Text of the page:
Graphic by
Jacob Webster-Jones

What once used to be an expensive luxury item and closely kept secret of merchants in the 16th century is now used all over the world in a variety of cuisines and dishes. We see it in sweet foods like apple and pumpkin pies and breakfast cereals, as well as savory foods with Chinese five spice and garam masala. I hope now with a little more knowledge of cinnamon’s history and uses, you’ll be able to appreciate its wide variety of uses. My personal favorite is in chili with a little bit of espresso, it sounds weird but trust me I’m a food scientist.

References

  1. Toussaint-Samat, M. (2009). A History of Food, Wiley.
  2. Parthasarathy, V. A., et al. (2008). Chemistry of Spices, CABI.
  3. Solomon, T. P. J. and A. K. Blannin (2009). “Changes in glucose tolerance and insulin sensitivity following 2 weeks of daily cinnamon ingestion in healthy humans.” European Journal of Applied Physiology 105(6): 969.
  4. Anderson, R. A., et al. (2004). “Isolation and Characterization of Polyphenol Type-A Polymers from Cinnamon with Insulin-like Biological Activity.” Journal of Agricultural and Food Chemistry 52(1): 65-70.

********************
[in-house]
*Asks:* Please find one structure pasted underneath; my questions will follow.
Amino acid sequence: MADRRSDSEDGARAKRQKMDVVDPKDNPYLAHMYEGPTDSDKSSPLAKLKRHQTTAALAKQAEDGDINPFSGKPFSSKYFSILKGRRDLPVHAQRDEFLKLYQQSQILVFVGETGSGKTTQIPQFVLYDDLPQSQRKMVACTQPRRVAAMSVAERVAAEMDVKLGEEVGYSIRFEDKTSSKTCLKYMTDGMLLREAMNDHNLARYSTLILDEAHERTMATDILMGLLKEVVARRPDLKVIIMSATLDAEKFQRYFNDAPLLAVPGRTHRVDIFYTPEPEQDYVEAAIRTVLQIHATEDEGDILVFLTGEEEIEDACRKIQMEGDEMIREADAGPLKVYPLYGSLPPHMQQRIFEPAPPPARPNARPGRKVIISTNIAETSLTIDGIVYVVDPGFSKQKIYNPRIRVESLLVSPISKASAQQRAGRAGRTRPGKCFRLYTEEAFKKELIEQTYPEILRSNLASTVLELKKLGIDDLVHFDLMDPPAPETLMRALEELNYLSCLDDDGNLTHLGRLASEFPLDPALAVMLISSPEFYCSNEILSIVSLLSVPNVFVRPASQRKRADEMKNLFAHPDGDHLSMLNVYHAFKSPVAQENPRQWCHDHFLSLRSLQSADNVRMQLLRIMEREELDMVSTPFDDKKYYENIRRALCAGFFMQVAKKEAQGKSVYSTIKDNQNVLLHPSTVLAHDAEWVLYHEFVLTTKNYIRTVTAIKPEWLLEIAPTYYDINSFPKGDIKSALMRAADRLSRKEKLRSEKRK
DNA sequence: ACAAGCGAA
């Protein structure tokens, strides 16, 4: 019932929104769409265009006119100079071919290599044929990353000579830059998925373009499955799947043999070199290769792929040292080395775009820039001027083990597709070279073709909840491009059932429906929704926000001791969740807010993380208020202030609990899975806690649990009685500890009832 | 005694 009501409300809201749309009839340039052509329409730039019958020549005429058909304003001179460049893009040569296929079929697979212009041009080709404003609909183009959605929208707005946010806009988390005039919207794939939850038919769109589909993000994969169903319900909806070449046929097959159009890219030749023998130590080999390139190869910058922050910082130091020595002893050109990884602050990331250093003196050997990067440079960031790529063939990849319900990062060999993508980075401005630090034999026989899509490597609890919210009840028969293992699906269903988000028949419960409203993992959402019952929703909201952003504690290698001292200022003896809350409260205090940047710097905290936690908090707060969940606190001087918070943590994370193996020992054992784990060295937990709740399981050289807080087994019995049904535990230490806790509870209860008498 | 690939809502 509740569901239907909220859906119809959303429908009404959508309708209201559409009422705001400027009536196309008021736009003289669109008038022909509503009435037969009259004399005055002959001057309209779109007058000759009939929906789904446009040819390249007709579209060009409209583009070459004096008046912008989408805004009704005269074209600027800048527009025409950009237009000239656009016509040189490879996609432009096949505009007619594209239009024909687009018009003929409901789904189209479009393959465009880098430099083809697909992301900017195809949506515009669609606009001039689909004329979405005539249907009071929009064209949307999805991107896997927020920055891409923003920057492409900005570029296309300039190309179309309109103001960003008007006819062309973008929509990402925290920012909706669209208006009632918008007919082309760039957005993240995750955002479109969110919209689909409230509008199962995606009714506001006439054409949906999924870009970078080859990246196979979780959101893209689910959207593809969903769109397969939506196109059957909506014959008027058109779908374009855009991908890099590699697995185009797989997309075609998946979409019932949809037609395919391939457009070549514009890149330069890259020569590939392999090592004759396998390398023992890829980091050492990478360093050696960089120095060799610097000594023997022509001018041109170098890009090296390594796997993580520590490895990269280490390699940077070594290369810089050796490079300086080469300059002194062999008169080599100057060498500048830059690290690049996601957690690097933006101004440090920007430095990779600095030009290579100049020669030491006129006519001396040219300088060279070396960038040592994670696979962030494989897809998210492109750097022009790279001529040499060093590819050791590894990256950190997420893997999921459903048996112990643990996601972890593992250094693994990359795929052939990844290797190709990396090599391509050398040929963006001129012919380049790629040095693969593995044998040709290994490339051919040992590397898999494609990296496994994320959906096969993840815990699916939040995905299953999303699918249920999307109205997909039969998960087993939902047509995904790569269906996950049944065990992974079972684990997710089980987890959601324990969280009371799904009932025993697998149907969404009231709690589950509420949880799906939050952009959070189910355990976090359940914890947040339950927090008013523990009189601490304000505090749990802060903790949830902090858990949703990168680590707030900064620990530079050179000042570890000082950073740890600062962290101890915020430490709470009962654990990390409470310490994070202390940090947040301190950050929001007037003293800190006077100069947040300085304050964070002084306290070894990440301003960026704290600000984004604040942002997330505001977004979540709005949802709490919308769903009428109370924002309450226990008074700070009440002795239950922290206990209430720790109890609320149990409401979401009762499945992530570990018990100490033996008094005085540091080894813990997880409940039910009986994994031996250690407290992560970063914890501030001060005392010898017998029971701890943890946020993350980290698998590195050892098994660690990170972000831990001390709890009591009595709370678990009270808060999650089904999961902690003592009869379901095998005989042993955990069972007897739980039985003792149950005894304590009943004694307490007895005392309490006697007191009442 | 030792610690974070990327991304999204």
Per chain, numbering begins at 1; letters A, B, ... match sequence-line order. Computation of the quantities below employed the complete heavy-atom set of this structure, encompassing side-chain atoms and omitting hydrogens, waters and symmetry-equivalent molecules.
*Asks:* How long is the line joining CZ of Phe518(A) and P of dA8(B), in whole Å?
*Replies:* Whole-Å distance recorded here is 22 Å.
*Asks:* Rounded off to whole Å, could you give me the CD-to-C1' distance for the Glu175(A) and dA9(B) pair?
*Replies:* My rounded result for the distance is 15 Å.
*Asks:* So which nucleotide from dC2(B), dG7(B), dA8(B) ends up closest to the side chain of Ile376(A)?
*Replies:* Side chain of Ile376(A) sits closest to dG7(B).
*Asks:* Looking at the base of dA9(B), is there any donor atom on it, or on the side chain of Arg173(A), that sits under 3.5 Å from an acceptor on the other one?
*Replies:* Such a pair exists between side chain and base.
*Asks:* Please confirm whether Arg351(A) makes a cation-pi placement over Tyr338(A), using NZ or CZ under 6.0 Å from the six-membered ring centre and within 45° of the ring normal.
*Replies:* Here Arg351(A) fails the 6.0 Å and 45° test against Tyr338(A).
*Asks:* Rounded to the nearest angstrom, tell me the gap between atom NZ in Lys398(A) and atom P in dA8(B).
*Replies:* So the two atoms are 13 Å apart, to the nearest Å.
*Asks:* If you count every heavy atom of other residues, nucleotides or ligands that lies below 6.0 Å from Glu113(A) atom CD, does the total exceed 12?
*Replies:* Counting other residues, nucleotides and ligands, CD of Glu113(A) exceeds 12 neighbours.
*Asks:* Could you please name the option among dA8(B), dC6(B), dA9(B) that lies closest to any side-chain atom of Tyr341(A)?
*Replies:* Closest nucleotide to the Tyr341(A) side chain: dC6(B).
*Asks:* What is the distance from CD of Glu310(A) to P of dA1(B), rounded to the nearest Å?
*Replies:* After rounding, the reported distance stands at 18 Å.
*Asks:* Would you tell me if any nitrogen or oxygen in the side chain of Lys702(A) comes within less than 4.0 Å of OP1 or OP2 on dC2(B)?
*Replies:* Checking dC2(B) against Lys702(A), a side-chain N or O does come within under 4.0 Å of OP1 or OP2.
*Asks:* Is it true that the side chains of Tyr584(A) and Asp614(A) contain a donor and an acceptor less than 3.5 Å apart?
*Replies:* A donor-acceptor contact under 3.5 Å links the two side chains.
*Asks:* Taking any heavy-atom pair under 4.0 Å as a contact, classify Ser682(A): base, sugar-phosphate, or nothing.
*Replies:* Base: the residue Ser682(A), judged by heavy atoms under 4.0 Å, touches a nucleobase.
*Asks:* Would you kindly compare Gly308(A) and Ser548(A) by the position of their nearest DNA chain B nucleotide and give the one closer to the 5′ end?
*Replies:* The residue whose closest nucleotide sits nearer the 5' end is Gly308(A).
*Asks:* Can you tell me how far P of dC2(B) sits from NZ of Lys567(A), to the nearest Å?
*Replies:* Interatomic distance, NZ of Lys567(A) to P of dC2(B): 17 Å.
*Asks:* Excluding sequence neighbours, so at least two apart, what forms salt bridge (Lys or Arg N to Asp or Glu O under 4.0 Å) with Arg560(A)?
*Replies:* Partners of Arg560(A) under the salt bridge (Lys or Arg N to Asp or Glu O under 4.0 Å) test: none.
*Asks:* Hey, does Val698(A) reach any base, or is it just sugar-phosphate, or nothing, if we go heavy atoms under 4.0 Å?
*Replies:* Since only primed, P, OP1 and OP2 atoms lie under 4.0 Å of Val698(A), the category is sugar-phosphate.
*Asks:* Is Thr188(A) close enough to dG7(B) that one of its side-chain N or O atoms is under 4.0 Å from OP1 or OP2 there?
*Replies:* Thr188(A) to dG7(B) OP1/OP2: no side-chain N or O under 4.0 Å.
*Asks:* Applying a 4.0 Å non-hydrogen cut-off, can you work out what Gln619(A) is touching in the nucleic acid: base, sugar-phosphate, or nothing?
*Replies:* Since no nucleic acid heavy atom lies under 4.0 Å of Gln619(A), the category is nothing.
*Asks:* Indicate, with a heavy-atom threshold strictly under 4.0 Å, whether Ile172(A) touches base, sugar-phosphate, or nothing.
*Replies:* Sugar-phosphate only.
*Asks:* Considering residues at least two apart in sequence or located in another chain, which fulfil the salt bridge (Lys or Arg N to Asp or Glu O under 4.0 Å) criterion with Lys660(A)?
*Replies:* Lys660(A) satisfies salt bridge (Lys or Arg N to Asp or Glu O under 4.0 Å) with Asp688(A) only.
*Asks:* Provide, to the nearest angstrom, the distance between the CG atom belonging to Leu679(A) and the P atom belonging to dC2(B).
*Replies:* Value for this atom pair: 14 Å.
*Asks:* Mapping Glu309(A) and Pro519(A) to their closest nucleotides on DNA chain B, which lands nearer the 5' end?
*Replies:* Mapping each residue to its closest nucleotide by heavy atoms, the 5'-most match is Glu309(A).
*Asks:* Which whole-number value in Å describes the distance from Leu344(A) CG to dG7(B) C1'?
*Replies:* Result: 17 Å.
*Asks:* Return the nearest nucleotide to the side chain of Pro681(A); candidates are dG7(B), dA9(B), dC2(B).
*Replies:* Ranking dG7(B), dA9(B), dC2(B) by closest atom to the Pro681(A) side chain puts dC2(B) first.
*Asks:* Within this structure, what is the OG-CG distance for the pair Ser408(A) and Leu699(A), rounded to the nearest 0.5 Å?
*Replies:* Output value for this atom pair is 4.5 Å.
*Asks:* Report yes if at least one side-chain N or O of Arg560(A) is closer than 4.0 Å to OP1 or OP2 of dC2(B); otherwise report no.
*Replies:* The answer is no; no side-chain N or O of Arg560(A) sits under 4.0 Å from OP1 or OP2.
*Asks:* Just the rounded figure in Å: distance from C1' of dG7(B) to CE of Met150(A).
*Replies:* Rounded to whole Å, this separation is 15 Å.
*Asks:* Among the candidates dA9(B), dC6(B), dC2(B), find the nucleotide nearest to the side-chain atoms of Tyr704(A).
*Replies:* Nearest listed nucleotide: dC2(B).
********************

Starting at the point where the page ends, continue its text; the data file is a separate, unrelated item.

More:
5. Sheng, X., et al. (2008). “Improved Insulin Resistance and Lipid Metabolism by Cinnamon Extract through Activation of Peroxisome Proliferator-Activated Receptors.” PPAR Research 2008: 581348.
  6. Singh, G., et al. (2007). “A comparison of chemical, antioxidant and antimicrobial studies of cinnamon leaf and bark volatile oils, oleoresins and their constituents.” Food and Chemical Toxicology 45(9): 1650-1661.
  7. Wang, Y.-H., et al. (2013). “Cassia Cinnamon as a Source of Coumarin in Cinnamon-Flavored Food and Food Supplements in the United States.” Journal of Agricultural and Food Chemistry 61(18): 4470-4476.

Jacob Webster-Jones | Linkedin

SMF Blog Writer

Jacob found his passion for food science while on an elementary school field trip to a R&D lab in San Antonio, Texas. Since then he has been interested in why food behaves the way it does and how it can be used to improve people’s quality of life. He is currently pursuing his bachelor’s degree in Food Science & Technology from Texas A&M University and is the current president of his school’s food science club and IFTSA chapter. After he graduates, Jacob plans on going to work for a few years before returning to start a graduate degree, his ultimate goal is to work in research and development for a flavor company. On the off chance he has free time you can find him experimenting in the kitchen or enjoying the outdoors.